Property intelligence firm Arturo released its inaugural report “Hurricane Exposure: The State of Gulf Homes.” The report analyzes more than 17 million homes across the southeast United States ahead of a forecasted above-average hurricane season.
The report finds 71.9 percent of rooftops in the analyzed states are asphalt shingle, which can only withstand wind speeds up to 110 mph, or Category 3 force winds. Older or degraded asphalt may only withstand winds up to 50 mph. Metal roofs are more wind-resistant, able to withstand winds up to 160 mph (Category 5), but they only make up 6 percent of roofs in the region.
The National Oceanic and Atmospheric Administration predicts as many as 21 named storms, with potentially up to 10 hurricanes, three to six of which could be major hurricanes for 2022. The Arturo report reviews several critical categories and property features deemed vital to insurers.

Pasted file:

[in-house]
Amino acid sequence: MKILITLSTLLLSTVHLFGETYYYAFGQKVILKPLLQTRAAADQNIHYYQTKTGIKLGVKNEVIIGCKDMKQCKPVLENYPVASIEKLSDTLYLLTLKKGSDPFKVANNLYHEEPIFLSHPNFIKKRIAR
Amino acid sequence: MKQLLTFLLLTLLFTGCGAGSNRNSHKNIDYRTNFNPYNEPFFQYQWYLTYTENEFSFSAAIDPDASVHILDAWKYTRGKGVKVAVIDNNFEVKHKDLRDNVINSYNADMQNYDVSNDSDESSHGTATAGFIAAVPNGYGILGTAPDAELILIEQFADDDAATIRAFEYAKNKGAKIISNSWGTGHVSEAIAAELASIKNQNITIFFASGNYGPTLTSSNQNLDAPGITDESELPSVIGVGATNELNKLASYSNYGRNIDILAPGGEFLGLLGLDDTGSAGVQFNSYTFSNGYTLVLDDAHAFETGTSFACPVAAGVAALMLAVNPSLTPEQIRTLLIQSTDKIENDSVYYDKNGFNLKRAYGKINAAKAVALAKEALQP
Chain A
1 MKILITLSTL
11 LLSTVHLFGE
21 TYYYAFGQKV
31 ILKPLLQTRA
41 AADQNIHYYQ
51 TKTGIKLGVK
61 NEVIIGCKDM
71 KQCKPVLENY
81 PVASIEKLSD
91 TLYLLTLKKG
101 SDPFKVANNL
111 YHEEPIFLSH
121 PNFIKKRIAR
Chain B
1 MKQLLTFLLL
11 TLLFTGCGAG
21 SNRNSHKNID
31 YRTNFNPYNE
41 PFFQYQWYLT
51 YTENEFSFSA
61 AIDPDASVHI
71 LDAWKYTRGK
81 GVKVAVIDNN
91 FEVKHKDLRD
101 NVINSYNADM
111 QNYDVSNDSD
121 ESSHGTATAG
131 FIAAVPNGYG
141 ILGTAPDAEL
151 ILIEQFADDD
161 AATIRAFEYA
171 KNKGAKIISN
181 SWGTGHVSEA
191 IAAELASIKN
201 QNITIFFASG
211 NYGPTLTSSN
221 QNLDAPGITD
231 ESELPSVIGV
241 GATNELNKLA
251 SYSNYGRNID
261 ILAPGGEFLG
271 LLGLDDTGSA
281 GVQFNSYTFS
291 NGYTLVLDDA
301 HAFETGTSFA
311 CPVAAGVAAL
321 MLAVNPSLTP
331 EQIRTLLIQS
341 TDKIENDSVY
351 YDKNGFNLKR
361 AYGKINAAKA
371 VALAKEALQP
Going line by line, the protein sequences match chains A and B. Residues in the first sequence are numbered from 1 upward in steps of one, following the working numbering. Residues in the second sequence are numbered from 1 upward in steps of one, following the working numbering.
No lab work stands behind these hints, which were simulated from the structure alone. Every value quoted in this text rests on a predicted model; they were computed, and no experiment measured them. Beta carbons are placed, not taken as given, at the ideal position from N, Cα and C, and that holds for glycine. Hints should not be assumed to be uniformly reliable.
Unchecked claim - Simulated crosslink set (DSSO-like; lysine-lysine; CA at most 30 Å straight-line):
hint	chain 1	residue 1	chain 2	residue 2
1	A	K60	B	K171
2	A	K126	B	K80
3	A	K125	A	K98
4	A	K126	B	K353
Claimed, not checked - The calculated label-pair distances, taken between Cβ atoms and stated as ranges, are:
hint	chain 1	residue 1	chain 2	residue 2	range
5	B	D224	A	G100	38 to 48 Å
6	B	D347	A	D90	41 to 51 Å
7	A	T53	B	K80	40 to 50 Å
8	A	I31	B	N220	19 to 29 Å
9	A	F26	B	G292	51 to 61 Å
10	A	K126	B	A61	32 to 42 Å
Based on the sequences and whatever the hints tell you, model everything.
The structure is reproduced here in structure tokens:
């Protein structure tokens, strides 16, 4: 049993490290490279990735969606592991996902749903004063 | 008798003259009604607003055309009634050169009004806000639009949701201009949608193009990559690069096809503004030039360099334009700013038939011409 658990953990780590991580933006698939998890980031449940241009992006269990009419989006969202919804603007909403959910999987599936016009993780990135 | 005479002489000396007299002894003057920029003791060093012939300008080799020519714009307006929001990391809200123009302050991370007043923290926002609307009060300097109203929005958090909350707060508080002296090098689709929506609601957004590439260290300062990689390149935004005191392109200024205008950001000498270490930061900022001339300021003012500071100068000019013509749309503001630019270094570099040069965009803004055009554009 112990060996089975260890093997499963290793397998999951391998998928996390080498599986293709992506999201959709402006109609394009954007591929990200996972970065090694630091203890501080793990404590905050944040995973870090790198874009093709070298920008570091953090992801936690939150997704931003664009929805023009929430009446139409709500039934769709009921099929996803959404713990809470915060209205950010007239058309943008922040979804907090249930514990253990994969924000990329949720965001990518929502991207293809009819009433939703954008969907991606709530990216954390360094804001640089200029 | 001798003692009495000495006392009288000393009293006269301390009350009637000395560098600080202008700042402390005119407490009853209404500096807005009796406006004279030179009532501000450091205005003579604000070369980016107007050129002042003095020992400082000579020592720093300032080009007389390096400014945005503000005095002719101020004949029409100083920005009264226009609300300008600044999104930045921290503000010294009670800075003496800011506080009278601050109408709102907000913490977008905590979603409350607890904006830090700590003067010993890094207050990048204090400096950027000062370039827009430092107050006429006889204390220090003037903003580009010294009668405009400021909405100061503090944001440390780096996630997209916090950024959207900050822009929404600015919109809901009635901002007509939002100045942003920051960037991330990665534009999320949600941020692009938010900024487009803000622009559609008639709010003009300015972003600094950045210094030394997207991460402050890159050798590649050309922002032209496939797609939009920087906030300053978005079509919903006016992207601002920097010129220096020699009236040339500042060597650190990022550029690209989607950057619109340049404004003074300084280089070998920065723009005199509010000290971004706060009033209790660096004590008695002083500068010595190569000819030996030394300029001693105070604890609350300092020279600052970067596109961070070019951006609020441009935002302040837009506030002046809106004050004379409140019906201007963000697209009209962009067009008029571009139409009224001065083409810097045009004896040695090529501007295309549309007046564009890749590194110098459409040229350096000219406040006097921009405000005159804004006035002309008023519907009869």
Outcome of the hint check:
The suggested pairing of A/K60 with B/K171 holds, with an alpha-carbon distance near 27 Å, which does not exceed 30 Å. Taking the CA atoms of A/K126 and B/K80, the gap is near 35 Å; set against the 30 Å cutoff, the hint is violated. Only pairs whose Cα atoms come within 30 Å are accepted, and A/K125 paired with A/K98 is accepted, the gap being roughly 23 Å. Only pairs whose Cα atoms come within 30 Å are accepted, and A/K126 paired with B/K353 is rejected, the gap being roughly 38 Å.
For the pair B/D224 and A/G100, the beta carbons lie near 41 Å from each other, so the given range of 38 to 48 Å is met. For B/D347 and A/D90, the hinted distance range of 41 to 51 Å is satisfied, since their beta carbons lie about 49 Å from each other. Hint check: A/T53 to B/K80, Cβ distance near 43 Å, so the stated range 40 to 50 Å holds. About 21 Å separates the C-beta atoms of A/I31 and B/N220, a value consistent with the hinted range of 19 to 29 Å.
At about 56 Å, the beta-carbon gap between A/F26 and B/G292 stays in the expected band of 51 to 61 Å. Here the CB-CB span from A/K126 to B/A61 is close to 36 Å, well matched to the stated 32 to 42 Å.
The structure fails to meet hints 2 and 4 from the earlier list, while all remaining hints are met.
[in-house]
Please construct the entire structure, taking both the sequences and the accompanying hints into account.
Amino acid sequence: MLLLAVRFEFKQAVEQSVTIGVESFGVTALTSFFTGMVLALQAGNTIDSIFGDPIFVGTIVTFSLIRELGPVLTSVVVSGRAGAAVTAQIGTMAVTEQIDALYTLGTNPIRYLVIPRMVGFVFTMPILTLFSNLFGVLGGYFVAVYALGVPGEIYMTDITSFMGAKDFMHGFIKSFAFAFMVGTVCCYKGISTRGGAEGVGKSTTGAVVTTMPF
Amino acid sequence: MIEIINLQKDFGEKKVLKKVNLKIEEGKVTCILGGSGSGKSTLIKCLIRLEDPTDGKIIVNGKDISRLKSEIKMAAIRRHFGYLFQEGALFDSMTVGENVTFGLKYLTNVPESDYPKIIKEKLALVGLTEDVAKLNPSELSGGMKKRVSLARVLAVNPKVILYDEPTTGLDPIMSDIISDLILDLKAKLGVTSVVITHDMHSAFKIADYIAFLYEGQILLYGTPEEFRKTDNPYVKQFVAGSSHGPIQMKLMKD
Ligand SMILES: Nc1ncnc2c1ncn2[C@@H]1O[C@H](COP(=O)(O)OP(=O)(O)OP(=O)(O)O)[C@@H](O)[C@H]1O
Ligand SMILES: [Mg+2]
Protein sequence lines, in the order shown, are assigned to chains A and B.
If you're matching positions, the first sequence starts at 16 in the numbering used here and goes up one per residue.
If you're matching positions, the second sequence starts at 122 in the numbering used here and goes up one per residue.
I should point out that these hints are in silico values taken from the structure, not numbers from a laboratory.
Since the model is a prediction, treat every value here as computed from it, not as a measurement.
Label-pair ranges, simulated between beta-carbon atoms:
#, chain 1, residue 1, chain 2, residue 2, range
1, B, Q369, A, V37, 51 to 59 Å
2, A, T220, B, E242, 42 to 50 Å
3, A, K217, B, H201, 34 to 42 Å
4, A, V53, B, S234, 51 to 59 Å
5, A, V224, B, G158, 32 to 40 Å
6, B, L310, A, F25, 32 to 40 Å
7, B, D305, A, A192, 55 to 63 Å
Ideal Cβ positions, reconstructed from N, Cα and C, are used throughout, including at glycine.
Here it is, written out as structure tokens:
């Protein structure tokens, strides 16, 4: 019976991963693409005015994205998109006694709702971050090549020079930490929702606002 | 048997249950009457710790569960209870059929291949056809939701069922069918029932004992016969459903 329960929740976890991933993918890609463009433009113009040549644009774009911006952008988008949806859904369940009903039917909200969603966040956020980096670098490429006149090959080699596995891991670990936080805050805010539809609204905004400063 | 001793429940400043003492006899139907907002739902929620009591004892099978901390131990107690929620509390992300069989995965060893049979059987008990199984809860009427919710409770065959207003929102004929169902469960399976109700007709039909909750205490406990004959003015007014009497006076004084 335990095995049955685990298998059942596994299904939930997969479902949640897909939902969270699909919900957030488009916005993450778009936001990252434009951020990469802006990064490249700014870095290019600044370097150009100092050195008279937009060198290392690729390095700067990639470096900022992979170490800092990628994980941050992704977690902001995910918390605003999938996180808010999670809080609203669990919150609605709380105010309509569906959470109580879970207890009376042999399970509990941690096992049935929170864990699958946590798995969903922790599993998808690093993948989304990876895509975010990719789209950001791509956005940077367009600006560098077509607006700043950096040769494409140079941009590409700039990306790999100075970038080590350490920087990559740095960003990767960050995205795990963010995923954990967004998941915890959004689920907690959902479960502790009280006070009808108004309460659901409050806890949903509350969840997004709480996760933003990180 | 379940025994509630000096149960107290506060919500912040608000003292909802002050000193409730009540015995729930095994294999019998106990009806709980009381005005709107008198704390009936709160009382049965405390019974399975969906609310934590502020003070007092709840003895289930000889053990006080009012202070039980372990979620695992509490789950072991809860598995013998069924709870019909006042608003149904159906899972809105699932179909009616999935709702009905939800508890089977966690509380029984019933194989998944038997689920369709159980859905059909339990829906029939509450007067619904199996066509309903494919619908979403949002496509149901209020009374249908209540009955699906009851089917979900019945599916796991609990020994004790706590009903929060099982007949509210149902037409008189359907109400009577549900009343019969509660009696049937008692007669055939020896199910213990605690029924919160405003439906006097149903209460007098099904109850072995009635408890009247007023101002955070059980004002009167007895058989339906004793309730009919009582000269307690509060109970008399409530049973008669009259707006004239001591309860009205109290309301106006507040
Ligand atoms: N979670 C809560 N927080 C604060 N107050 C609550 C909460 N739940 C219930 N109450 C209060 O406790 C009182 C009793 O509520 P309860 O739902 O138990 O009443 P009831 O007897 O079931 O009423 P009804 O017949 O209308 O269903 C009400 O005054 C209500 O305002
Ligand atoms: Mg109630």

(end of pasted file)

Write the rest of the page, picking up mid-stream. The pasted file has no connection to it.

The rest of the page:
The reports finds that 691,663 Gulf Coast homes have skylights. It would cost more than $1 billion to replace all of these skylights, which are susceptible to hail and wind damage and could cause internal water damage to homes if broken.
A small number of home in the southeast, including 2.1% of Florida and 1.9% of Texas homes, have solar panels. While they can provide additional power to homes during outages, they can shatter when struck by hail or damaged by lightning strikes. They can be a financial liability if not properly insured.
There was some good news in the report. Hip roofs comprise 52% of Texas homes, 47% of Louisiana homes, 44% of Florida homes, and 42.3% of homes across the whole southeast. While more expensive to build, they are more durable under strong hurricane winds, making them more appealing over gable roofs.